The headline was hard to stomach: hiv hides in the gut. A University of California at Davis study confirmed that while meds may render the HIV in your bloodstream undetectable, your gastrointestinal (GI) tract lining may still teem with HIV. Because the lining, rich in CD4 cells, houses 70% of your immune system, study leader Satya Dandekar, PhD, suggests starting HIV meds immediately after infection to slow gut-tissue CD4-cell losses. Others wonder whether that’s effective—or necessary.
Dandekar compared the small intestines of ten people who’d gone medless for one to three years after contracting HIV with those of three who’d started meds within four to six weeks of infection. Early treaters, Dandekar says, “had less gut virus and inflammation and more surviving CD4 cells.” She also suggests testing gut-tissue viral load with biopsies (done by inserting a tube through the mouth or rectum) in addition to regular HIV labs.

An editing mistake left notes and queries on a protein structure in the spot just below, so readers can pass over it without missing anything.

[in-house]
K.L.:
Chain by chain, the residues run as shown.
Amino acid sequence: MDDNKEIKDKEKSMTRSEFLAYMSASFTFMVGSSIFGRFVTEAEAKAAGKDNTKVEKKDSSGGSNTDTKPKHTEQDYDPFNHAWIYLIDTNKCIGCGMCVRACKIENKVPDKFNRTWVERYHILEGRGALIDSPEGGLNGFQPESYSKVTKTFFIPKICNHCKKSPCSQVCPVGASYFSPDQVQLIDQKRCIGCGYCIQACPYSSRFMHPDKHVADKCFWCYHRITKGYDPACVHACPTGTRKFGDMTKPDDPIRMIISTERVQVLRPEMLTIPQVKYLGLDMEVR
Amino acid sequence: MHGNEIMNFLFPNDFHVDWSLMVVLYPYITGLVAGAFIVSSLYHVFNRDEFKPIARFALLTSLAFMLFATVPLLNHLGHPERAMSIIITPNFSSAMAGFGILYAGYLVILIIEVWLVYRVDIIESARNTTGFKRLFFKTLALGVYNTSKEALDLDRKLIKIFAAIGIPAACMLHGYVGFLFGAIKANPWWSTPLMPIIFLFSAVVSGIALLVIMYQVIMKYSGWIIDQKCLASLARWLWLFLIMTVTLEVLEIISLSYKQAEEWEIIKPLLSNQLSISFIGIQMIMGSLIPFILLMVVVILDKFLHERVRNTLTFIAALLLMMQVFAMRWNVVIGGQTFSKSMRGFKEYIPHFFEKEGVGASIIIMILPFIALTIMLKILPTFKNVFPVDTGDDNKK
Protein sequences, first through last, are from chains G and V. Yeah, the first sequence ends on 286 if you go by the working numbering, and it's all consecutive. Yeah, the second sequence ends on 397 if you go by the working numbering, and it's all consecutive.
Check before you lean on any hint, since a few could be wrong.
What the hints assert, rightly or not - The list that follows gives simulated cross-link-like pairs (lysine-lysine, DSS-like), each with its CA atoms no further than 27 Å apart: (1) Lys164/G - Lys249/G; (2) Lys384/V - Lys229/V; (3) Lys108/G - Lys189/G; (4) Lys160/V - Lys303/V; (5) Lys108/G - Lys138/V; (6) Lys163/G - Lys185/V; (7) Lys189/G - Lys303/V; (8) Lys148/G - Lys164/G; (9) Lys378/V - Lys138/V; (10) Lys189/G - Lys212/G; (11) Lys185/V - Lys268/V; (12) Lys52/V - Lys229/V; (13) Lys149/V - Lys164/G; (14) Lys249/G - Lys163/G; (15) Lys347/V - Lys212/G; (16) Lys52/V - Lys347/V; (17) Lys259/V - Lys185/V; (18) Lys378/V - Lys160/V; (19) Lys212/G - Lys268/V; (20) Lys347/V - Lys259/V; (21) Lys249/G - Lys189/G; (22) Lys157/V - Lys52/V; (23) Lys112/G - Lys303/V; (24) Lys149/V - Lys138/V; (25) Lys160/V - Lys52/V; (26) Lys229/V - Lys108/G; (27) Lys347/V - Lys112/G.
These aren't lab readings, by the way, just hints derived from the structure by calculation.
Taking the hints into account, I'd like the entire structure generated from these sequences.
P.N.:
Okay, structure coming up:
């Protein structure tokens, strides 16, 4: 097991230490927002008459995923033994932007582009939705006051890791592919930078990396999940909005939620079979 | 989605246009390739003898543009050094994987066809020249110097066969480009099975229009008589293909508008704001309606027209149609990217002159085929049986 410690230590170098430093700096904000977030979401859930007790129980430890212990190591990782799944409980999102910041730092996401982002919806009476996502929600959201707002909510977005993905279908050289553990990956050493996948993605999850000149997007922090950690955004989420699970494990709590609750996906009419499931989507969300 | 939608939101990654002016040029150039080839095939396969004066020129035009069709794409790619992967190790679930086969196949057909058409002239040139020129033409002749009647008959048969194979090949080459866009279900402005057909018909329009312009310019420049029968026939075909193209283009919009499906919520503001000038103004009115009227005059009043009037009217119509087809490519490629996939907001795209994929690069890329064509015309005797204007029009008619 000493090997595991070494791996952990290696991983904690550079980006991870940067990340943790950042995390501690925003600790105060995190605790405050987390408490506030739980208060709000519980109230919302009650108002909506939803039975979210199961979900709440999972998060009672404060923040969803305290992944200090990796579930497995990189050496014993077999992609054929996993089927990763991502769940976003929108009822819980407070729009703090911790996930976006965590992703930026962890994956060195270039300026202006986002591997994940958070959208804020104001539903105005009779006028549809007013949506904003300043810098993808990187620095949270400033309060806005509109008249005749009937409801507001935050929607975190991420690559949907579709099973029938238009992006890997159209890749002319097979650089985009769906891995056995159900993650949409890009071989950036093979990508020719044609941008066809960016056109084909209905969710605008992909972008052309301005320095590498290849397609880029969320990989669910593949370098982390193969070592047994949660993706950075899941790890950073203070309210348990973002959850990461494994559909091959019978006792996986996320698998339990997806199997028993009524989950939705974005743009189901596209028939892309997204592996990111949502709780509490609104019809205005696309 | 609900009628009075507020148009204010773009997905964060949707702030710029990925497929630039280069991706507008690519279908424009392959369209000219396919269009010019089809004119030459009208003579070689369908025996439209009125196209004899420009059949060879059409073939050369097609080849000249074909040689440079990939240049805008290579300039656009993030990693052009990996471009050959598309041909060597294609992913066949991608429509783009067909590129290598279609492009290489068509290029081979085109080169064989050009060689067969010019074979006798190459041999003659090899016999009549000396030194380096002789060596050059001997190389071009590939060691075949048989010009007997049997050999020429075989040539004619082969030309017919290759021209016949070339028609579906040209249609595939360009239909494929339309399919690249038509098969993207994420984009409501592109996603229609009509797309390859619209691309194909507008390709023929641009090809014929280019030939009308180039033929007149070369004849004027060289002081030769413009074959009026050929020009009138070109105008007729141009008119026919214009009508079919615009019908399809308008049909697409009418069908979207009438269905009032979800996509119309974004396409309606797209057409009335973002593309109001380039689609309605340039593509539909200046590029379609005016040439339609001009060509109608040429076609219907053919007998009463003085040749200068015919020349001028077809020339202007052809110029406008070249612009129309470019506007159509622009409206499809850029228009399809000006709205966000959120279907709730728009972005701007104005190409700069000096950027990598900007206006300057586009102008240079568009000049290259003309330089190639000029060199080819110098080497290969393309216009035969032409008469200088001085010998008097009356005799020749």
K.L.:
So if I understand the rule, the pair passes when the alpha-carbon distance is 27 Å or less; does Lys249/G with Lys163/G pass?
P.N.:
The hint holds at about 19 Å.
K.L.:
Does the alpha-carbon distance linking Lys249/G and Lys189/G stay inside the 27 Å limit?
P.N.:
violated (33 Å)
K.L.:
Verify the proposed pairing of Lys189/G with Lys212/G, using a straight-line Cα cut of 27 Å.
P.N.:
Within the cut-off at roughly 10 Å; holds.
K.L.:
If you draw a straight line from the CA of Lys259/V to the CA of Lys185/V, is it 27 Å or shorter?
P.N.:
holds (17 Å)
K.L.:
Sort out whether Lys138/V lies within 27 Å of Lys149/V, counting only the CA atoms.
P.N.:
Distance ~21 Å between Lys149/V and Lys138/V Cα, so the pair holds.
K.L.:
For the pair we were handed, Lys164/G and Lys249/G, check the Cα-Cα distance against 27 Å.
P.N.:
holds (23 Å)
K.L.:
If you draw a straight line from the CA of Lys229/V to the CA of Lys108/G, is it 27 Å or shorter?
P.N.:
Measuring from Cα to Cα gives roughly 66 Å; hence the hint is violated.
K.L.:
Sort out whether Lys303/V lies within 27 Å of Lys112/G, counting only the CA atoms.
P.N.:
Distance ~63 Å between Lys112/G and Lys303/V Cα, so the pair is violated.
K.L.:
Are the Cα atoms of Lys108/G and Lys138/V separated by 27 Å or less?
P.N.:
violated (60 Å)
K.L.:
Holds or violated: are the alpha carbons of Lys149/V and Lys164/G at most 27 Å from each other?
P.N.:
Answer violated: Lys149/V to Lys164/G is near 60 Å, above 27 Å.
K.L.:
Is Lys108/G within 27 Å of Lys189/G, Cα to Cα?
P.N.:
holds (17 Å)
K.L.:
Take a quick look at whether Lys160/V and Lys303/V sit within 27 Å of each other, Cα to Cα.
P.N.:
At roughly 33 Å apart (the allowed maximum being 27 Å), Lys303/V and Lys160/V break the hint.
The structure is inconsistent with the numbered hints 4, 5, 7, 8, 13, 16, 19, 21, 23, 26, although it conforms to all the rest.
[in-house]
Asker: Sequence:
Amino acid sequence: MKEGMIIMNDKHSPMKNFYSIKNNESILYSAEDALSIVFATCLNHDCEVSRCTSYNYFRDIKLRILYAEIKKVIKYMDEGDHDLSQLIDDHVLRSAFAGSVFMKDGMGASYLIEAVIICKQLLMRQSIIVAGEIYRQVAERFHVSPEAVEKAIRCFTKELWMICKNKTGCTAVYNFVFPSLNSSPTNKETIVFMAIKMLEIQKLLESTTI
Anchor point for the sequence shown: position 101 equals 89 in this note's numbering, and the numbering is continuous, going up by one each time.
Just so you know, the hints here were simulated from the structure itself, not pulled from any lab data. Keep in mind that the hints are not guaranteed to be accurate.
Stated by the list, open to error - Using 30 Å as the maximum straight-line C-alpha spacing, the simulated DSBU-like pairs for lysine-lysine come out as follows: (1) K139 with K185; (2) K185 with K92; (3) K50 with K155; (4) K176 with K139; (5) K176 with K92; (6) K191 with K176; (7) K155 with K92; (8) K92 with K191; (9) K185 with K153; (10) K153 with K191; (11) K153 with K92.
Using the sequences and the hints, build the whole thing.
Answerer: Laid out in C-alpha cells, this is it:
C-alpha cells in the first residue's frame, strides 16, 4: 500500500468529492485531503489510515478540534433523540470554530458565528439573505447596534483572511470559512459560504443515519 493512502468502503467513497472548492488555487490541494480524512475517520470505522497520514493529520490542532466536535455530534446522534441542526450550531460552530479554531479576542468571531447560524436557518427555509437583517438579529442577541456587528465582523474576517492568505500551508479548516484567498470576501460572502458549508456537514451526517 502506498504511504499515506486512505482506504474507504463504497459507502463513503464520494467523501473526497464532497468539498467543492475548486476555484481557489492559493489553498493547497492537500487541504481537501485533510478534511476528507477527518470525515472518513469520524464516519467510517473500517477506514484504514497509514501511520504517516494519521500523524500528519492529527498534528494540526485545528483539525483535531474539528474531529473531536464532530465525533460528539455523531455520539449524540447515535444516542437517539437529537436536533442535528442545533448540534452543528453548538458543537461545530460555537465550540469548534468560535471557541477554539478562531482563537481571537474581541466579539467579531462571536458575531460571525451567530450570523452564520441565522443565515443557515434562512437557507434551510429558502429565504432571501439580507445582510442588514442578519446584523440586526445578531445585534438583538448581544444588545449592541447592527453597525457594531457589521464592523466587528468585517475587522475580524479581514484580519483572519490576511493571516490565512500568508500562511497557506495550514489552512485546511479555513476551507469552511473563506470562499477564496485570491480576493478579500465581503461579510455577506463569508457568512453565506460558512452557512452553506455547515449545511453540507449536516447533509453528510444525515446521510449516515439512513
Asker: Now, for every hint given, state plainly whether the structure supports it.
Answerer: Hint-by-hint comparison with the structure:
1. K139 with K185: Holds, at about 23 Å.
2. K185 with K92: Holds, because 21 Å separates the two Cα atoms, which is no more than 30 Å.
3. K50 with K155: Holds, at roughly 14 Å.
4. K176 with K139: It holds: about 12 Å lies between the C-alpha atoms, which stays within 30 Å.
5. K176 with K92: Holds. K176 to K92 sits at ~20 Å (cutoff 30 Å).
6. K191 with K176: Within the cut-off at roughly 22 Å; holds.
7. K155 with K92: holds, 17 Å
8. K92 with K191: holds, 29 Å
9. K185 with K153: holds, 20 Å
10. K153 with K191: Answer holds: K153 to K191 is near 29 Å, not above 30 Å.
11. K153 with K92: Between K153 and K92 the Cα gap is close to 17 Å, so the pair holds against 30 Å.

But Marty Markowitz, MD, who does similar research (but on the large intestine) at New York City’s Aaron Diamond AIDS Research Center, says, “Hitting gut HIV early isn’t applicable,” because even people in his study who’d started meds 14 days after infection had already lost the CD4s. But this caused no symptoms, he says: “no link [with] opportunistic infections, poor treatment outcomes or overall health, nor, most significantly, with increased GI disease.” Dandekar says future HIV meds may hit this HIV reservoir; Markowitz says we won’t know until clinical trials start doing biopsies. Until then, we’ll have to go with our gut.